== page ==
Illinois has more than 76,000 farms that cover more than 28 million acres of land. Nearly 80 percent of the state’s total land area is dedicated to farming.
Because of that, and the role agriculture plays in the state’s economy, ag education plays a vital role in rural communities across the state.
But education leaders say that there’s a severe shortage of ag teachers in Illinois.
There are nearly 320 agriculture programs in high schools across Illinois, helping drive students to careers in ag-related business and science.
While it’s important to spark interest in agriculture early, the number of ag teachers in the state is dwindling.
“The demand is there for these teachers, and unfortunately, the supply isn’t,” said David Root, superintendent of Williamsville-Sherman schools.
Agriculture is a top industry in Illinois, but finding people to teach high school agriculture is a struggle for districts across the state.
“For elementary positions, you’re going to get 900 applicants, even in a school district our size. But for these specialty areas, you don’t have very many,” Root said.
Typically, there are around 25 agriculture education graduates in Illinois every year. Last year there were only 11, and this year there were 12
“In a typical year, we’ll have 50 to 60 teaching vacancies, and some of those vacancies are created from teachers moving from one school to the next,” said Jess Smithers, state coordinator for Facilitating Coordination in Agriculture Education. “But typically, we have a need for 25 to 35 graduates in agriculture education.”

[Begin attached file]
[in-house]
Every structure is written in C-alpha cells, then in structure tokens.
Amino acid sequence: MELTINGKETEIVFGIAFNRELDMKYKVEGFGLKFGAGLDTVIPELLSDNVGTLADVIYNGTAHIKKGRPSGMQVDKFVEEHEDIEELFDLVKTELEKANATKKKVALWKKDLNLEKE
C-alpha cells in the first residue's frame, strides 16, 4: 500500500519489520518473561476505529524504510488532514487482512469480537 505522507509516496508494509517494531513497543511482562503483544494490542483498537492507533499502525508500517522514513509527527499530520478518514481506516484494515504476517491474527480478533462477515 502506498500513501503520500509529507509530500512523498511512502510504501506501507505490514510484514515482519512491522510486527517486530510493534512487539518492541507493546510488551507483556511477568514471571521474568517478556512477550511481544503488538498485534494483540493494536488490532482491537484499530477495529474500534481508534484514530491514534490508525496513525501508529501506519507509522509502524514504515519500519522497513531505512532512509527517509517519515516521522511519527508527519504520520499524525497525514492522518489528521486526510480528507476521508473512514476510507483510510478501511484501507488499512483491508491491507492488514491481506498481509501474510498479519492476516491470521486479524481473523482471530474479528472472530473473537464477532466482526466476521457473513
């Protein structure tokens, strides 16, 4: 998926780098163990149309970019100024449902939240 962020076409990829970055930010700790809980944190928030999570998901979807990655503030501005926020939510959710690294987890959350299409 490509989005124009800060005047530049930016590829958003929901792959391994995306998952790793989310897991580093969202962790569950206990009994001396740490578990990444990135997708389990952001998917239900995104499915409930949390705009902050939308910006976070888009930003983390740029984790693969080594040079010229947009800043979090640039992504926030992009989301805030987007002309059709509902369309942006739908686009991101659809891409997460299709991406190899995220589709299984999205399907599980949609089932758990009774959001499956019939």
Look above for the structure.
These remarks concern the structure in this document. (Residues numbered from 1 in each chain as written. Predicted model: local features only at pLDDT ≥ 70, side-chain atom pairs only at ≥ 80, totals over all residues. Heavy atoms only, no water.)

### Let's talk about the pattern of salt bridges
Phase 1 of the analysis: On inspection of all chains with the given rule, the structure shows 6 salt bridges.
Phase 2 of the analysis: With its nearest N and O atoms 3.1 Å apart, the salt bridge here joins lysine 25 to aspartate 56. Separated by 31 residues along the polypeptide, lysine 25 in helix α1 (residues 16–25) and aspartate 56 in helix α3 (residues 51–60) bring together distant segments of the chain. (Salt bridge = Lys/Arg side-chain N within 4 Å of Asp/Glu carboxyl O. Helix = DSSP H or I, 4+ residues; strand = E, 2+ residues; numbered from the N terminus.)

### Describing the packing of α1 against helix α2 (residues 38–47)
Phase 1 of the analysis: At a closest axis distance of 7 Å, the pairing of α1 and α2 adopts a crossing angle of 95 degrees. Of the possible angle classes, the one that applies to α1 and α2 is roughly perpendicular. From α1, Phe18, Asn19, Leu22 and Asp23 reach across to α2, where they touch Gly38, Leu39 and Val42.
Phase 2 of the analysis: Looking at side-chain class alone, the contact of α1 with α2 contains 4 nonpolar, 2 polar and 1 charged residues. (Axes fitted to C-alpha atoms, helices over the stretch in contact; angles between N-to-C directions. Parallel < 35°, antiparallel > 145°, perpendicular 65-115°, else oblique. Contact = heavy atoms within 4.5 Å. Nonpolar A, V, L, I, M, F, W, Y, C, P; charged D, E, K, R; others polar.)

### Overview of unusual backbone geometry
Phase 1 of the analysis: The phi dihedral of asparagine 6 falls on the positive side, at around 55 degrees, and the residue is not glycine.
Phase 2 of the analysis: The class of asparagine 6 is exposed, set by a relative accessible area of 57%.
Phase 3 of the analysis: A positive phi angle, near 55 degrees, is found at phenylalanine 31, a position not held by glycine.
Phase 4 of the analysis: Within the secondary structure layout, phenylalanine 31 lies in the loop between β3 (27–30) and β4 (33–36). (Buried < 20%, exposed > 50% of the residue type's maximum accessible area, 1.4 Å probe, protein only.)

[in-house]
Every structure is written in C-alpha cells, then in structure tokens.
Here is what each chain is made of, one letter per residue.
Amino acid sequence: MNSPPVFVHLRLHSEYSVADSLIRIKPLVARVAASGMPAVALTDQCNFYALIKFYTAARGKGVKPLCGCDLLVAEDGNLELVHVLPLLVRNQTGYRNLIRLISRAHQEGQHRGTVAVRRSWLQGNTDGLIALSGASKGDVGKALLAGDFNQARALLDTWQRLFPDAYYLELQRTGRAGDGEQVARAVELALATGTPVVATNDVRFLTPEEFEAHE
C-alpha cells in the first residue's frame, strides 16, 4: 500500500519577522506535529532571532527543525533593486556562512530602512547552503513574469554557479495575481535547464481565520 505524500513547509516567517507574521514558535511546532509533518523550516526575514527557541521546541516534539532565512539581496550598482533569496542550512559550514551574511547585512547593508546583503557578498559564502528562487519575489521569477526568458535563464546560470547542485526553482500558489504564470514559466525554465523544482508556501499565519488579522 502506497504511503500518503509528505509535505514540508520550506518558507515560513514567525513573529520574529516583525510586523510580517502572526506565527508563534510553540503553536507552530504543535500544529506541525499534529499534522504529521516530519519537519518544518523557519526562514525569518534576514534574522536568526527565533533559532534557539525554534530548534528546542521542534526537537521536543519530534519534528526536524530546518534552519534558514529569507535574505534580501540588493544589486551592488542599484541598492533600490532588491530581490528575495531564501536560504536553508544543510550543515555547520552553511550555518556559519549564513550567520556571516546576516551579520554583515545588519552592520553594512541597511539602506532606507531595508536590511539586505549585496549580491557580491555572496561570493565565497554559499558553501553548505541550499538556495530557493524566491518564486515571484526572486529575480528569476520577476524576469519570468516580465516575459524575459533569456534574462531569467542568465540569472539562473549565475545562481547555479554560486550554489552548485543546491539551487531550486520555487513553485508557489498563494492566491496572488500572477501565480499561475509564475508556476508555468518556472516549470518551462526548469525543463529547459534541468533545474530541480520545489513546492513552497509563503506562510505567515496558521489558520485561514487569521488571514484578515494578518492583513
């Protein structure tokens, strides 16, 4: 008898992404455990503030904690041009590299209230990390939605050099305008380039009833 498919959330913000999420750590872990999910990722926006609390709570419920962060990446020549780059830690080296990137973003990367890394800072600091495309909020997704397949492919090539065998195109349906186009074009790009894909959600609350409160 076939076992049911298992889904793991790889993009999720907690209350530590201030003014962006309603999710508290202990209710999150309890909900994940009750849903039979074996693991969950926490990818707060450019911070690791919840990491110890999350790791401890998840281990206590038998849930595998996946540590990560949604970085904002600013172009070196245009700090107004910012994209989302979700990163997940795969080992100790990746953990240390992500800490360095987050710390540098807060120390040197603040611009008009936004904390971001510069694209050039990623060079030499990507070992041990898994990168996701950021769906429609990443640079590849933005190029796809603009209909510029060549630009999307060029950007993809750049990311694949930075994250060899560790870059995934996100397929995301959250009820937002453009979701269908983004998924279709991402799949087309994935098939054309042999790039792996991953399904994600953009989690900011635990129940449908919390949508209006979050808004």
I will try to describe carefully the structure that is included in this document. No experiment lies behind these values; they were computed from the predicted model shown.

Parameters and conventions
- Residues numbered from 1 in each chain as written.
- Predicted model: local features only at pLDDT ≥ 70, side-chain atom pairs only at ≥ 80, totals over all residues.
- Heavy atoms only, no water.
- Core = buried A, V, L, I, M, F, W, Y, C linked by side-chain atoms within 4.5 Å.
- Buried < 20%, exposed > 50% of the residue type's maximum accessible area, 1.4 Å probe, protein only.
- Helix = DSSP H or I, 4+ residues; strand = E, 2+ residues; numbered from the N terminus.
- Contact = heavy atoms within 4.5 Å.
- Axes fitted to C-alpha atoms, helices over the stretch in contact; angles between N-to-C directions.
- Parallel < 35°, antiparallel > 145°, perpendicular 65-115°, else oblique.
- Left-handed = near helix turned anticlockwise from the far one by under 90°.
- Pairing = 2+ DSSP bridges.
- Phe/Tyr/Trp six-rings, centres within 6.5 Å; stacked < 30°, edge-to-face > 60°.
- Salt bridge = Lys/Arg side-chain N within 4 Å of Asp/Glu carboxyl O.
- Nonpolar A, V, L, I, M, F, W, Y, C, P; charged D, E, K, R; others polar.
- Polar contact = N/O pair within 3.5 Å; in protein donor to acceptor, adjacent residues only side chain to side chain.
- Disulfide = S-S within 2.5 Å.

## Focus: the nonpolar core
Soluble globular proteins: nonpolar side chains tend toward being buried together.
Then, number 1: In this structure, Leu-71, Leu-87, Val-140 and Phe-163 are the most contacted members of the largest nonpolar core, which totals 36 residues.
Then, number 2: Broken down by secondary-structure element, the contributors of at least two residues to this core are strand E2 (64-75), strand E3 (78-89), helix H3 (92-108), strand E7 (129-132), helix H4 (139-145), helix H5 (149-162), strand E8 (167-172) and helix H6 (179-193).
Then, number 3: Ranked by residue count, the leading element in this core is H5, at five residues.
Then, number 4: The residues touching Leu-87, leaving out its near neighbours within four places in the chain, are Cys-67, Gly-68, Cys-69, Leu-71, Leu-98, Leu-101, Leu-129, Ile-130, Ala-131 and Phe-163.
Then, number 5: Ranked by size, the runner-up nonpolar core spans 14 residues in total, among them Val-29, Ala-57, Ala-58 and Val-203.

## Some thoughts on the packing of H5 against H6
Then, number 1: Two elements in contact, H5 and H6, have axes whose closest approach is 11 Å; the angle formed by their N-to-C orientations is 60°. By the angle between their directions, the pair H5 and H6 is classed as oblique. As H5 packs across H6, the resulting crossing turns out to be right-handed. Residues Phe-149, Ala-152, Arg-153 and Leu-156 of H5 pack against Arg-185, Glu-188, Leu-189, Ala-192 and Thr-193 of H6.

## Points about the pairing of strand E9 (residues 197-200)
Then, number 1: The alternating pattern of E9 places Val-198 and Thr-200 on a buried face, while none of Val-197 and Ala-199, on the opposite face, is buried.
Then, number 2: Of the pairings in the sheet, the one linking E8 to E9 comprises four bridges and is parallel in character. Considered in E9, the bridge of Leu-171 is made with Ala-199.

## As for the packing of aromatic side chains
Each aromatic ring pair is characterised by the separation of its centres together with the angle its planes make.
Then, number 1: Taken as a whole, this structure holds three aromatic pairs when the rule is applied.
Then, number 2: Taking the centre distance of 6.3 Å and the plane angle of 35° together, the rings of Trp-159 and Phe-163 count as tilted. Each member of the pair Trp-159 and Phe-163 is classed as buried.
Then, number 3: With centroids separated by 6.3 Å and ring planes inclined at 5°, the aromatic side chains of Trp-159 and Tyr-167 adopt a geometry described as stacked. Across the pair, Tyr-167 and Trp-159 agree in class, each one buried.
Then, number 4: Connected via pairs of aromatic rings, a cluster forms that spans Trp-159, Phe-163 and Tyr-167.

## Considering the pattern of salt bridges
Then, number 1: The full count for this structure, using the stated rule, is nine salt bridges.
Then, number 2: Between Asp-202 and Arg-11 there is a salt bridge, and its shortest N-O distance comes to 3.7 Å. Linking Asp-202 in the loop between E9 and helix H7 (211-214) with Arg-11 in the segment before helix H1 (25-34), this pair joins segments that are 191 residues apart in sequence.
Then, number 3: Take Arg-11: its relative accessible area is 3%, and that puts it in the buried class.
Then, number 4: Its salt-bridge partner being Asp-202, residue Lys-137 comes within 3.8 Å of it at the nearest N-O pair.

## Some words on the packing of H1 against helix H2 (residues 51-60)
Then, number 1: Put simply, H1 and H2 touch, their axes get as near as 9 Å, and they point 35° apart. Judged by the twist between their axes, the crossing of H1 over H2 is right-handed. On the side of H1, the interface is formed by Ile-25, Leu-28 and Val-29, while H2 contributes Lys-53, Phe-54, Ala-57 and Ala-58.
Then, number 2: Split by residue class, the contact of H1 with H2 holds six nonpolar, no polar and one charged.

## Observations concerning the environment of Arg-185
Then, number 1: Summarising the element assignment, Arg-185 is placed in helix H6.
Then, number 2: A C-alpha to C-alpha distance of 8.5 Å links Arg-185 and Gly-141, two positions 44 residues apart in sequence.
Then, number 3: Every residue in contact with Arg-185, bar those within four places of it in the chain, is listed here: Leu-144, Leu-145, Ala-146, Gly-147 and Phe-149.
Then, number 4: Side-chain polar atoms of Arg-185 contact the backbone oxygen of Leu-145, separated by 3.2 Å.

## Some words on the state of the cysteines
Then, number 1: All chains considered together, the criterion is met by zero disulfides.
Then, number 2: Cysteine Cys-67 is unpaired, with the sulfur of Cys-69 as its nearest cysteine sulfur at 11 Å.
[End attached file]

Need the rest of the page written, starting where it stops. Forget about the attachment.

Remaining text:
Smithers said that many agriculture majors are turning to other sectors of the industry.
“Agribusiness is strong, and looking for candidates, and so graduates at the collegiate level are lured into agriculture and maybe away from agriculture education,” Smithers said.
An increase in requirements for state certification also plays a role.
“There are times with the state board where you have to apply for some relief, as far as the credentials, just so you can get someone in there and basically to teach it, even if they’re not certified, because the shortage is there,” Root said.
Agriculture teachers also serve as FFA advisors for the more than 17,500 members in Illinois.
Smithers says both the Facilitating Coordination in Agriculture Education and Illinois colleges are developing more efforts to recruit ag education majors.
Root says it’s not only agriculture teachers that are tough for school districts to find, teachers specializing in foreign language, home economics, and industrial tech are also in demand.